With approaching deadlines for net zero targets, energy companies are transitioning into new areas in order to continue supply of commodities to the market. In this light, decommissioning is becoming increasingly important. However, to overcome the execution barriers, lowering the cost for wells that need to be plugged and abandoned calls the shots for the investment decision.
Despite our industry’s innovation in new technologies and experience gathered over many years, the budgeting workflows and communication within a project team seem to have stagnated. Reflecting the daily conversations we have with drillers, we see there is a wide gap in how teams approach their uncertainty assessment and tracking of cost and time.
Can lump sum cost modelling for decommissioning lead to Operator’s and contractor’s mutual benefits?
Lump sum drilling model has risen as one of the initiatives for improving cost efficiencies. This commercial model has proven very successful and equally unsuccessful for contractors whose time and cost planning didn’t quite work. The challenges of lump sum engagement involve poor budget planning due to lack of well data and incomplete overview of all potential risks.
As time is critical with thousands of wells queued to be P&A’d, the most reasonable approach seems to be to abandon wells in batches with multi-well campaigns outsourced to decommissioning specialist houses.
What benefits does lump sum bring to decommissioning?
The benefits of the lump sum commercial model include cost guarantee and transparency for the Operator. The Operator frees resources to engage with exploration and production of new, higher value resources and reserves.
The contractor, on the other hand, improves accuracy in drawing a more realistic model of the end result of the decommissioning campaign, taking into account potential risks and unexpected events. Learning from previous experiences and having a complete overview of operational trends, time and cost allows the Contractor to improve its skills to execute projects within a set commercial framework.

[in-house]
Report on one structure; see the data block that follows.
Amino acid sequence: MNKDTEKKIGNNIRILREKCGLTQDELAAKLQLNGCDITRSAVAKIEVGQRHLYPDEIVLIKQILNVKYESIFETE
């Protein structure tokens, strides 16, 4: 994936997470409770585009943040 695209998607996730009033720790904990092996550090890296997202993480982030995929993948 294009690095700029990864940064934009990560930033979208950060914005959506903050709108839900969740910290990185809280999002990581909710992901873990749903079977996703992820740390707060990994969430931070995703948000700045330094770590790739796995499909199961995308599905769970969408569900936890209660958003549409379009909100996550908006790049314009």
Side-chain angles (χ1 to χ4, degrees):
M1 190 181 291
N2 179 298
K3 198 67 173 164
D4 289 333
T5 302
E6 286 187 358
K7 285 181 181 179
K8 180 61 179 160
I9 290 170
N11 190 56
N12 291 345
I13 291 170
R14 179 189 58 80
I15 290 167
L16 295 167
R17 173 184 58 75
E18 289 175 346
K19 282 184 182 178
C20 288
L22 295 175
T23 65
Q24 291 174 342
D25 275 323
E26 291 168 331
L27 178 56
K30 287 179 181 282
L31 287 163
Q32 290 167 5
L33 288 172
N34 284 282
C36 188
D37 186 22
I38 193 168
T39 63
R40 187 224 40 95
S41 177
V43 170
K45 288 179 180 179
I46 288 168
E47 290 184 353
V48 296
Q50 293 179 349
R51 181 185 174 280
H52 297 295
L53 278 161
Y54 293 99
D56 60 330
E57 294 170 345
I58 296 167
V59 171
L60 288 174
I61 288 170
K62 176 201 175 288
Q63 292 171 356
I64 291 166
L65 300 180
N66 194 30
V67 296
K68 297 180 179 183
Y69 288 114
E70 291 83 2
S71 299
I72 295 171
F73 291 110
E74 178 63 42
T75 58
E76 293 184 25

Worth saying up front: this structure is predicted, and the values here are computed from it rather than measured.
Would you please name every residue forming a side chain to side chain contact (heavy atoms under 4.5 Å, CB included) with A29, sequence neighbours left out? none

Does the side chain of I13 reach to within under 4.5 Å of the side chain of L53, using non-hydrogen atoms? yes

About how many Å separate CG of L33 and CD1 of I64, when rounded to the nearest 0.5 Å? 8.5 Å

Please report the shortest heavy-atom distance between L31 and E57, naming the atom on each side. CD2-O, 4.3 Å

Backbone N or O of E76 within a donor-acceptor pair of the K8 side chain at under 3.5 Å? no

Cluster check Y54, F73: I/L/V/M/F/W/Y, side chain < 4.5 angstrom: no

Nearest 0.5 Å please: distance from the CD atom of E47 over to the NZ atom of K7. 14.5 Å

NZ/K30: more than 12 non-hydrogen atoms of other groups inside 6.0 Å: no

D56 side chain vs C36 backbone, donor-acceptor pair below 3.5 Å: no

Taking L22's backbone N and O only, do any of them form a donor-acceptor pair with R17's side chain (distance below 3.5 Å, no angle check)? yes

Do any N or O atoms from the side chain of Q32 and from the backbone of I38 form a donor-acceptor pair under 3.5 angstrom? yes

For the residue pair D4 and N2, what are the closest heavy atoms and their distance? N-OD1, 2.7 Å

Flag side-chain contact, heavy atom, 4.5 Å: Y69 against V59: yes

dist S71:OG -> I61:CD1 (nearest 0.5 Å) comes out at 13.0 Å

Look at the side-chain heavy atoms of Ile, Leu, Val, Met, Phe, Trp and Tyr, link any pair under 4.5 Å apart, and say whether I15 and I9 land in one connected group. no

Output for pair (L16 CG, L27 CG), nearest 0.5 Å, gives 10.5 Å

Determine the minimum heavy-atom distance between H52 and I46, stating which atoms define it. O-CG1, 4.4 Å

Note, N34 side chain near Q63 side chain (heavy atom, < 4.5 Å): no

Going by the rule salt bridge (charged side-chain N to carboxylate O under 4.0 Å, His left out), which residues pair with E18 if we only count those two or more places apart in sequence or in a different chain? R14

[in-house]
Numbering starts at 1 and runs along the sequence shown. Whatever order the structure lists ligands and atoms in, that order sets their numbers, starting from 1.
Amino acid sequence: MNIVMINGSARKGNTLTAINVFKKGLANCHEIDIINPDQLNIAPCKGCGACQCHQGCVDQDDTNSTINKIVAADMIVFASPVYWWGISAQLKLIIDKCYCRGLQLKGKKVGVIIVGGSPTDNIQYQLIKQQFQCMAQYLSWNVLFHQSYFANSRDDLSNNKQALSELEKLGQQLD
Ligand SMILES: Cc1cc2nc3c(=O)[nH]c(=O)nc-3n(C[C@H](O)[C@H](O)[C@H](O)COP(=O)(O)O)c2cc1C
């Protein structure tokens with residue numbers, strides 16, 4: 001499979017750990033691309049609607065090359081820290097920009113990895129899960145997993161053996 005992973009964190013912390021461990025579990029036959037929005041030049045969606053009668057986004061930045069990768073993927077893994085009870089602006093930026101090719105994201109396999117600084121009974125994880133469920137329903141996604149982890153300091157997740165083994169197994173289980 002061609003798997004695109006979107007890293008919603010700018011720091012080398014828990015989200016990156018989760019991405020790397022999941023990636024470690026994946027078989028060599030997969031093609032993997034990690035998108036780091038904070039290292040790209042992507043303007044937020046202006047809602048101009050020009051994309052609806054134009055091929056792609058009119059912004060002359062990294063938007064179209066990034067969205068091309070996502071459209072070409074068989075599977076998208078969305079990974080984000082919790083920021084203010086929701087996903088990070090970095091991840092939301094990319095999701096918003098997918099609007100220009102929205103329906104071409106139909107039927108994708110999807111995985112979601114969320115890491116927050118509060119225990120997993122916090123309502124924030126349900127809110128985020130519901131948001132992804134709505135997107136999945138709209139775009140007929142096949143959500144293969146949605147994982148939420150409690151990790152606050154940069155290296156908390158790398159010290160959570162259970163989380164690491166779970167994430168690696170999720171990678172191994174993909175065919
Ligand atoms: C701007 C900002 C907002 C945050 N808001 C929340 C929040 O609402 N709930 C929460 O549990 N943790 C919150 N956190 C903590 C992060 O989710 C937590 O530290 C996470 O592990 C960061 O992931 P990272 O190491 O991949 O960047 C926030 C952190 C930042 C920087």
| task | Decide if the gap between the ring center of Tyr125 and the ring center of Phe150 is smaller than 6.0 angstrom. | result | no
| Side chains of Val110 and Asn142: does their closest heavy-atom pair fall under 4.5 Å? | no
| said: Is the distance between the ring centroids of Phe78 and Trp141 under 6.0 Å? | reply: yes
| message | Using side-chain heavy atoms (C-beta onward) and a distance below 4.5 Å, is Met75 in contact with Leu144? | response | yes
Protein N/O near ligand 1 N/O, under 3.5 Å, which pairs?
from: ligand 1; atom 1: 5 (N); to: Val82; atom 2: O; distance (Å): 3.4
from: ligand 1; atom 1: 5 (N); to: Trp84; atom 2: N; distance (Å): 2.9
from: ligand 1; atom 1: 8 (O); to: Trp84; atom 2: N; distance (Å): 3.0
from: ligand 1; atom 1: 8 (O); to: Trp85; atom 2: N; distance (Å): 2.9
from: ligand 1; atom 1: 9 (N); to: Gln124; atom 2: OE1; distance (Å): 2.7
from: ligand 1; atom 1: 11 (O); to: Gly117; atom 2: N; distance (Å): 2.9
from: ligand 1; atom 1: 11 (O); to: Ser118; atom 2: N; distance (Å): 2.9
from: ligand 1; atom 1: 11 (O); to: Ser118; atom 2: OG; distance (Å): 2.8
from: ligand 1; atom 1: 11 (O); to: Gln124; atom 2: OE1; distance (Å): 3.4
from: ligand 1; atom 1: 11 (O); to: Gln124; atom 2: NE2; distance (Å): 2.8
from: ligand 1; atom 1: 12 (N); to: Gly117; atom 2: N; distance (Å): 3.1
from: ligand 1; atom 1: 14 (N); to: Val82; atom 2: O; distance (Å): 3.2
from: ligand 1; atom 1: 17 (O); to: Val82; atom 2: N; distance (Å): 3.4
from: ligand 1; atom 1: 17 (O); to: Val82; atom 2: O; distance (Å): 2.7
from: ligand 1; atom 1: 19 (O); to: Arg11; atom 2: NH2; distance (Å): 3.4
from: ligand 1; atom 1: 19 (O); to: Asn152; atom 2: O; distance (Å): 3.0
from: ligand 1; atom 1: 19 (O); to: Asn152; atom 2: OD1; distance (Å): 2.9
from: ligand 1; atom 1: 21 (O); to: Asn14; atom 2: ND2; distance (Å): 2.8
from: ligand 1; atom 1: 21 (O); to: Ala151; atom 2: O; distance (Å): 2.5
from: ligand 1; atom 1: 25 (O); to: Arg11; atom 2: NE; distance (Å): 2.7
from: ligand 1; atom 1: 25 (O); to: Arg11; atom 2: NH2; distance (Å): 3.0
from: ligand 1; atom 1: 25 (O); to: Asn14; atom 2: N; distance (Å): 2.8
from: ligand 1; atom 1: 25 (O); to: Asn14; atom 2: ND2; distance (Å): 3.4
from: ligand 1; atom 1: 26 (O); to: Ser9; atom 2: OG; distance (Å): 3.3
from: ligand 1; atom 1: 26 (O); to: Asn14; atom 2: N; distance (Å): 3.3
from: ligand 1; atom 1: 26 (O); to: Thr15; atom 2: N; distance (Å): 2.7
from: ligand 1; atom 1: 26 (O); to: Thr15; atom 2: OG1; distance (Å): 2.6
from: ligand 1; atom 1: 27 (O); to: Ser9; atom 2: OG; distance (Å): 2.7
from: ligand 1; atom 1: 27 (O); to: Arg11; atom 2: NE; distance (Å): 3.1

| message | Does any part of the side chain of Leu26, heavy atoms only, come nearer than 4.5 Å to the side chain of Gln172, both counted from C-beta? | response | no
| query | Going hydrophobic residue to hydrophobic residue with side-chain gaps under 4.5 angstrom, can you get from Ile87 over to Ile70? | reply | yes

Probabilistic lump-sum calculation provides security
Probabilistic planning methodology considers all possible project outcomes and risks that can arise during decommissioning campaigns. Using a Monte Carlo simulation approach helps the engineering teams to identify why a well may be more or less expensive than planned. Hence, well cost planning is done more accurately and there is greater possibility of the project being sanctioned and reduced potential for budget overruns.
Some of the globe’s largest energy and energy services companies enjoy significant improvements in their uncertainty assessment with cost planning through implementation of AGR Software’s iQx P1 probabilistic planning tool. Their teams achieve greater transparency of operational data, improved information input for investment decisions and enhanced understanding of correlation between costs and risks.
P1 outputs provide a realistic range of well time and cost ranging from the minimum (P1), through the most likely (P_Mean) to the maximum (P99). In this context, P1 means that only 1 % of the realizations came out lower than this value and P99 means only 1 % came out higher.
With one decommissioning project and budget set on the Mean Percentile (the most likely), the outcome of the operation’s cost would most probably be faster and cheaper in most cases (approximately 60-70 %) of the time assuming the risk exposure is low. In other words, approx 30% of the time, the decommissioning project would exceed the sanctioned budget. With data library of previous wells, the teams can set up cost models which improve as the operations develop and as a result, the average cost model success rate improves. The overall cost level of a batch of wells decommissioned fits within the sanctioned budget.